Building local high school hockey begins with tryouts - LA Kings Insider

IMG_5777With Matt Nieto and Emerson Etem’s ascendance to key roles on strong National Hockey League teams, Long Beach emerged as the representative city of Southern California’s growing sway in the share of American-born hockey players.

On a cool and clear Sunday in the Santa Clarita Valley, with Los Angeles Kings High School Hockey League tryouts taking place on once of Valencia Ice Station’s three sheets, and Boston Bruins defenseman Kevan Miller leading a group of established players on a separate sheet, Valencia, which is also the home to Chicago Wolves leading scorer Shane Harper, appeared ready to emerge as a second locus of Southern California’s emerging talent pool.

The second day of tryouts for the Valencia district team brought 10 players onto the ice after 11 had taken the ice on Saturday. On Saturday, 19 players tried out in Oxnard for the Santa Barbara district team, which will be coached by Kings alumni Steve Heinze. There is the possibility that the Santa Barbara team may eventually become the San Marcos High School team but continue to play out of the soon-to-be completed Ice In Paradise Rink in nearby Goleta. An additional pure high school team at Shalhevet HS is in the process of forming a team as well. CLICK HERE for more information on teams and tryouts.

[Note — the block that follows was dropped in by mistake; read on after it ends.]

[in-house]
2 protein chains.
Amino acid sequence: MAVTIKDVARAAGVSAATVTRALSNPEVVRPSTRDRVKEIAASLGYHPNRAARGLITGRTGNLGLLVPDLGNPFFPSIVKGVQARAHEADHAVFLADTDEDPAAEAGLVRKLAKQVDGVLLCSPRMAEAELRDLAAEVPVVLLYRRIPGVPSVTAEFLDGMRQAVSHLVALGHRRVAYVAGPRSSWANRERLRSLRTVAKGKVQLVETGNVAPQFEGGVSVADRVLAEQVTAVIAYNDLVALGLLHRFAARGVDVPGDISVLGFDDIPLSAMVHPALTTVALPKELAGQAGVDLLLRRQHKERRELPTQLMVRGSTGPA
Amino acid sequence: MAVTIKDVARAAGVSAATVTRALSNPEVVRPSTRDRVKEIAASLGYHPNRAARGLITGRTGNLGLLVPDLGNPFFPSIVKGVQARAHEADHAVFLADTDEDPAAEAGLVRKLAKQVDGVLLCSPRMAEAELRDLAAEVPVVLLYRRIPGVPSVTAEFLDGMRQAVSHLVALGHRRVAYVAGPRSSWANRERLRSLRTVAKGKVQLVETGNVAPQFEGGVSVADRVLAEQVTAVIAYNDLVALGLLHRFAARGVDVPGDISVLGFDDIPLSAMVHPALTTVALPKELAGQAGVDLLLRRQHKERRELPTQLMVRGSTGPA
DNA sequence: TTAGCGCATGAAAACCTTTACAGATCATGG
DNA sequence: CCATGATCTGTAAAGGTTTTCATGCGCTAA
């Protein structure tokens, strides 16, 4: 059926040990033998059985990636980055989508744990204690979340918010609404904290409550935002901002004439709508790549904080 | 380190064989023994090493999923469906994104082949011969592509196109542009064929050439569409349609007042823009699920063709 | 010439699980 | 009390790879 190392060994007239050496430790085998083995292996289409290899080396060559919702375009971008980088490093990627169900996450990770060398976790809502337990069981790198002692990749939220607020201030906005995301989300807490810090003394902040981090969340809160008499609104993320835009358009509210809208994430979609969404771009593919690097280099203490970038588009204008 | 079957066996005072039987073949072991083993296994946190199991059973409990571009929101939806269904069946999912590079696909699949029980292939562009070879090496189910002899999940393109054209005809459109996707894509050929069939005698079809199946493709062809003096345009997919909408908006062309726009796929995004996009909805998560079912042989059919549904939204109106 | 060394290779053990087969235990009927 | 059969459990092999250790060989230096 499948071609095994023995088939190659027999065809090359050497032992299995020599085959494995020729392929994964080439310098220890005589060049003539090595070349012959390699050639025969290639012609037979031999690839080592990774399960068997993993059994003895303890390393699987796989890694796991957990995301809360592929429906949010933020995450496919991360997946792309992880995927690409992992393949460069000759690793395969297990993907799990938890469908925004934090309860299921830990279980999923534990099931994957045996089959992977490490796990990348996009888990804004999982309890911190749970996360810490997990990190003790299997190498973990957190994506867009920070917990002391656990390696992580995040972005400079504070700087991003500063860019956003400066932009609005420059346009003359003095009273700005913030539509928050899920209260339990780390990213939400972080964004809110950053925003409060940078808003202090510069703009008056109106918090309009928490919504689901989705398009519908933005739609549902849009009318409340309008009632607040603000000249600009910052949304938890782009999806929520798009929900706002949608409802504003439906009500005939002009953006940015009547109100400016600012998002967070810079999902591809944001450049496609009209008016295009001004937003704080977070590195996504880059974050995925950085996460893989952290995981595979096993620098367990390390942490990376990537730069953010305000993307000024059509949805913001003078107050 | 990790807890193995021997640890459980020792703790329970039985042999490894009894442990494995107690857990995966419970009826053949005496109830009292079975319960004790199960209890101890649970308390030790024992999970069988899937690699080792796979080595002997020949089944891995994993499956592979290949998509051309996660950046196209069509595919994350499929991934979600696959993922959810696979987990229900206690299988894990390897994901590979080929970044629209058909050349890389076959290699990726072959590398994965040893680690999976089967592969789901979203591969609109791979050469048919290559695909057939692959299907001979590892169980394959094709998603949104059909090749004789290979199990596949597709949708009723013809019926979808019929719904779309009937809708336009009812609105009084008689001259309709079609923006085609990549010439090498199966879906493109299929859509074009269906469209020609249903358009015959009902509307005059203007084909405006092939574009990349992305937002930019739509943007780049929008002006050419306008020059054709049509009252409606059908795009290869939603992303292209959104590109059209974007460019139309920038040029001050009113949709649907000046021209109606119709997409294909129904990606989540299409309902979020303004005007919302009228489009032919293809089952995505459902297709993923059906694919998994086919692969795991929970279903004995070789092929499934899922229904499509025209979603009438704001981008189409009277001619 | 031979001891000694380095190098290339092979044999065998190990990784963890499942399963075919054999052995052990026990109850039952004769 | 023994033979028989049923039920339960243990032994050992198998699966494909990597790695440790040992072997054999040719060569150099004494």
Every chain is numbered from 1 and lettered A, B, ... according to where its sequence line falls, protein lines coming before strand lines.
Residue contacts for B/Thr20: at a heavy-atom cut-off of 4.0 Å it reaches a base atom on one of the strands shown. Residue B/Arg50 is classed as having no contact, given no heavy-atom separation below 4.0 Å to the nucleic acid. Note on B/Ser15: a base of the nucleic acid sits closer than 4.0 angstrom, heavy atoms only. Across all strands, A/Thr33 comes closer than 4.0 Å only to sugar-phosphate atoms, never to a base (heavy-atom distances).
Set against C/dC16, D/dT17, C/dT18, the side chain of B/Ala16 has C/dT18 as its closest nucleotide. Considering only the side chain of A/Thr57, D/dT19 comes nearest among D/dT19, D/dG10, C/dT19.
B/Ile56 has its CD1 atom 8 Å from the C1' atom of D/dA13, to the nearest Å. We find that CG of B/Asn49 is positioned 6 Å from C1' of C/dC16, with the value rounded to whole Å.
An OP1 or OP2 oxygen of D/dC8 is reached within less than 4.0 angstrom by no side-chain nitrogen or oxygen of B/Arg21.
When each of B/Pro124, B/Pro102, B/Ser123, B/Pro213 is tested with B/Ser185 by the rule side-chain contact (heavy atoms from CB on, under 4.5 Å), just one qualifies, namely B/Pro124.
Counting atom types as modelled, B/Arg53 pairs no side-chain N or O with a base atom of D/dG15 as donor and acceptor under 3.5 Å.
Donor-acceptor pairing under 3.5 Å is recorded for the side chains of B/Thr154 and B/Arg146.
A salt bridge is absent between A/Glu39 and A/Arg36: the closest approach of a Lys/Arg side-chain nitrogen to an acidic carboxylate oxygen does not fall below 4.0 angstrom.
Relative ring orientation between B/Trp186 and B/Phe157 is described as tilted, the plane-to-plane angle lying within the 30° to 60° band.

For players, one of the motivating factors of playing high school hockey is derived from the pride of representing one’s school and playing in front of friends and peers.

“It’d be cool to play with people who are going to your school and not just people who live like 20 miles away. You can see them at school every day,” said Jake Rochford, one of those who participated in tryouts on Sunday in Valencia. “I think that would take the hockey to the next level and just make it a lot more fun.”

Ice Station Valencia Director of Hockey Operations and Valencia Flyers General Manager Scott Allegrini referenced a similar aspect when discussing what he believes will be a strong allure of the league.

“Some of the hockey players, they go to their high schools and they’re some of the best athletes in their school. Nobody knows it. They walk through those hallways and they’re just another student at a school,” he said. “Whereas, now when you tie it to that school the student body starts attending and so on, these kids will start to receive that the football players, the baseball players, the lacrosse players, all of these other athletes that exist with them. Not that you’re looking for accolades or anything like that, but it’s nice to be recognized by your peers. The hard work that these kids put in day in and day out, to have that rewarded with 150 of your classmates banging on the glass, that I think is the bigger picture. It’s got a lot branches that are going to grow off of that. More hockey fans get created, younger kids look at it and say ‘I want to play for Valencia High School or Alemany’ or whoever it might be, which then keeps the game growing, which is the key for all of us.”